7. The Committee first considered the complainant’s concerns that it was misleading to report the 8 percent wage rise figure, without mentioning the compositional effect and the base effect cited in the ONS report: namely the fall in the number and proportion of lower-paid employee jobs and the fact that the latest month reported on (April 2021) was compared with April 2020, when wages were first affected by the coronavirus pandemic. The Committee noted that the figure itself was not in dispute; rather, the complaint lay with the alleged omission in the article of the two driving factors cited by the ONS. The question for the Committee was whether the absence of reference to these two factors rendered the use of the figure in the article misleading.

8. The Committee acknowledged that the ONS had repeatedly cited the compositional effect and base effect as having affected the growth rate, and in particular examined the compositional effect on the figure, identifying three elements: a decrease in the number of part-time jobs and jobs in lower paid sectors; changing distribution of jobs within industries, effecting average pay growth; and a fall in new entrants to the labour market, who are lower paid than average. The report did not, however, identify the underlying reasons for these movements. In the view of the Committee, where the ONS report had not attributed the changing composition of employee jobs to a particular event or policy, therefore leaving it open to interpretation, and the growth rate had been mentioned briefly by way of supporting a piece of analysis, rather than being the focus of the article, omitting to reference the composition and base effects in this instance did not represent an inaccuracy over which there was a failure to take care on the part of the publication. There was no breach of Clause 1 (i) on this point. Where there was no inaccuracy arising from the omission of information, there was therefore no requirement under Clause 1 (ii) to correct the article on this point.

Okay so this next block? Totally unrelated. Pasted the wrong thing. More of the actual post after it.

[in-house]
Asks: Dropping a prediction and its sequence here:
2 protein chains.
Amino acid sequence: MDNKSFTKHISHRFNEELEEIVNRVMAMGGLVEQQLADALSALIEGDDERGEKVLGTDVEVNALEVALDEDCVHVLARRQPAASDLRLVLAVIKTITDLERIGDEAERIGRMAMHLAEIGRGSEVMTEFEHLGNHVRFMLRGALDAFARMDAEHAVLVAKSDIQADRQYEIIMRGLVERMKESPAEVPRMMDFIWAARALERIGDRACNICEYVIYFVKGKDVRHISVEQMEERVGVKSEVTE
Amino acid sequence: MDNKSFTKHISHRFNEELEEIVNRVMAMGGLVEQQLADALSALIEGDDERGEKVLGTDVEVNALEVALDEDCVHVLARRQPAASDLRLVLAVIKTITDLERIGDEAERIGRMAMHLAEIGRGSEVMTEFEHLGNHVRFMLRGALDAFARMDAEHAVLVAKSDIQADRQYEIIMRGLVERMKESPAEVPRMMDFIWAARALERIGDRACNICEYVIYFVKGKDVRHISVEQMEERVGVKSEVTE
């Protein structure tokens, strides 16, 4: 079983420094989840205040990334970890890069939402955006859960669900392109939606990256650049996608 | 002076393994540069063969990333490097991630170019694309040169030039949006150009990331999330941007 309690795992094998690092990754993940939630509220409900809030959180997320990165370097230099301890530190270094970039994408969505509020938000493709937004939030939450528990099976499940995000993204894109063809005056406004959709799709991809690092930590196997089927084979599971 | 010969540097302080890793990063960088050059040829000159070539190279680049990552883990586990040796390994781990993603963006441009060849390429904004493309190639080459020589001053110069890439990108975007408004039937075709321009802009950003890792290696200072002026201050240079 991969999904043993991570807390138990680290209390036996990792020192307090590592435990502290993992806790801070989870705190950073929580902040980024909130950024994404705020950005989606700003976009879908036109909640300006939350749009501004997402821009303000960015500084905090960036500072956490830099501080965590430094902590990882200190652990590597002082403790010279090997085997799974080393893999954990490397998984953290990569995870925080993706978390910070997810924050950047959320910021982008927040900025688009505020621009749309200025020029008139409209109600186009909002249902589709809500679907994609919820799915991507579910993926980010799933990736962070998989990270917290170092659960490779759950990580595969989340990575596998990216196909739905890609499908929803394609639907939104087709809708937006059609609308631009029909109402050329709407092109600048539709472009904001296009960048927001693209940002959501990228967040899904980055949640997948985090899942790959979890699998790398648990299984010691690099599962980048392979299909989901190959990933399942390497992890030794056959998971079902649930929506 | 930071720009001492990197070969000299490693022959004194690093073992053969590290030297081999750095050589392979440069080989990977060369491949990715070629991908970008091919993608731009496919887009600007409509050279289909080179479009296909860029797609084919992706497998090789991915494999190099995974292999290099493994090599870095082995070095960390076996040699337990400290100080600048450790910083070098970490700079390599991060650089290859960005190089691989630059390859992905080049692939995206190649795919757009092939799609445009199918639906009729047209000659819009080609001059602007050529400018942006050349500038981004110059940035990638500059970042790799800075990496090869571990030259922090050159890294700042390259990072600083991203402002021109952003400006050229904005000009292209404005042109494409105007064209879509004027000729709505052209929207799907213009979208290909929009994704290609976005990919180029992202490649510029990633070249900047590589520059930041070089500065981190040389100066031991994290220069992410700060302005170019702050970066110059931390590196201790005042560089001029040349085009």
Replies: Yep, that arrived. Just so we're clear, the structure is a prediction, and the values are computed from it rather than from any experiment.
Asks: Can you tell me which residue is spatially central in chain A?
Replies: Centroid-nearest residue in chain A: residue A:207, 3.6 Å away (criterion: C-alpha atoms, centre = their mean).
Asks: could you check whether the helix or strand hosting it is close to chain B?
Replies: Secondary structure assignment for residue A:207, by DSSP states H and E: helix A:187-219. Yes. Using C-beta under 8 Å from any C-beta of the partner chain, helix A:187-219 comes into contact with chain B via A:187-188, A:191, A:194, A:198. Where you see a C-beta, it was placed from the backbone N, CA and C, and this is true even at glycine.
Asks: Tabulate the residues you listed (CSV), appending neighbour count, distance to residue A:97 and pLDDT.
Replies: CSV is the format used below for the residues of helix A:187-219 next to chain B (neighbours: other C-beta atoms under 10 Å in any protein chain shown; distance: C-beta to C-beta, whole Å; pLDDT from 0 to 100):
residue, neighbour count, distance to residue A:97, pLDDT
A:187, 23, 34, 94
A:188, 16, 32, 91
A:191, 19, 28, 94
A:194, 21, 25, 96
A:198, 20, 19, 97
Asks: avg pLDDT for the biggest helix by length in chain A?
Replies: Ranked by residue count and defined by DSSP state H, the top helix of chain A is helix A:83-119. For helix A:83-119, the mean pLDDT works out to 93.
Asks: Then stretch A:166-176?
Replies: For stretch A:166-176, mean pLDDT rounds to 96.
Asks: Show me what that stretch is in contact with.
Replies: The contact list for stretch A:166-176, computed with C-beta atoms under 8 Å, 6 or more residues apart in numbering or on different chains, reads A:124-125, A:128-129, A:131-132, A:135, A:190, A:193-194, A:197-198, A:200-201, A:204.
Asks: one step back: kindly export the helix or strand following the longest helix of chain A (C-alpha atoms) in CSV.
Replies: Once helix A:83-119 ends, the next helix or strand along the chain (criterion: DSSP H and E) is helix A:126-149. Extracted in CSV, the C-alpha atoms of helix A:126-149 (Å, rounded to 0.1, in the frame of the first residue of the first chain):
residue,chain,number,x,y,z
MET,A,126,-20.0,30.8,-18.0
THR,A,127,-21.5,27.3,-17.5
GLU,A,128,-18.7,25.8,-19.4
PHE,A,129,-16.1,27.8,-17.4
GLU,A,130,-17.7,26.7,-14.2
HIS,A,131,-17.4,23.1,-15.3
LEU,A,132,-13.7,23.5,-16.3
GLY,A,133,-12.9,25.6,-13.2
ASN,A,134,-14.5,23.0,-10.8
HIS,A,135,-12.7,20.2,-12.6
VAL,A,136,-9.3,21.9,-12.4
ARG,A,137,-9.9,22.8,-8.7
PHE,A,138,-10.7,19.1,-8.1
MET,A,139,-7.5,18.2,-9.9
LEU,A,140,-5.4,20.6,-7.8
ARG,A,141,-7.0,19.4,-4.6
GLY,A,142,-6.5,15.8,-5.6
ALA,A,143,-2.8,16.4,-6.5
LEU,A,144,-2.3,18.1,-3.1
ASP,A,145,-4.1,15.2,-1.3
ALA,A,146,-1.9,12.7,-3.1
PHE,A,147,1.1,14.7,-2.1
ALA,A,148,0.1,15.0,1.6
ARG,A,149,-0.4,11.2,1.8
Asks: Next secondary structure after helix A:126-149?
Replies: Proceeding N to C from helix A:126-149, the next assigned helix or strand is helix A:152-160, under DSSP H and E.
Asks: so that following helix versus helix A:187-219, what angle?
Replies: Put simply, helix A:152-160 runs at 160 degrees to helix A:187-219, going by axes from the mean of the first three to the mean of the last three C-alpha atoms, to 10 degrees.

9. The Committee then turned to complainant’s concerns that it was misleading to claim that the limitation on freedom of movement for workers brought about by Brexit was the sole reason for the wage increase; she had cited the quote “lo and behold, now that we have curbed the unlimited supply of EU workers, wages are starting to accelerate dramatically”. The Committee noted that the article was a comment piece written by a regular columnist. It was the Committee’s view that the phrasing “lo and behold” indicated that the columnist was expressing his view on the cause of the wage increase; it was not a factual assertion that the wage increase was solely down to the restrictions on EU workers entering the UK job market: indeed, the preceding paragraph had referenced the dispute over the effects of freedom of movement on wages. The report from which the statistic was taken did not cite a specific reason for the changes is the job market which had affected wages and the Committee was therefore of the view that this question was, to a certain extent, open to interpretation. Furthermore, the publication had provided evidence to demonstrate that Brexit had been quite widely held as a likely contributor to wage increases generally. The Committee considered that where the quote was distinguished as comment, and where the publication had provided some grounds to support the claim that Brexit had contributed to an increase in wages, it was not misleading to report the columnist’s opinion. There was no breach of Clause 1 on this point.

Conclusions

10. The complaint was not upheld.

Remedial Action Required

11. N/A


Date complaint received: 10/07/2021

Date complaint concluded by IPSO: 25/11/2021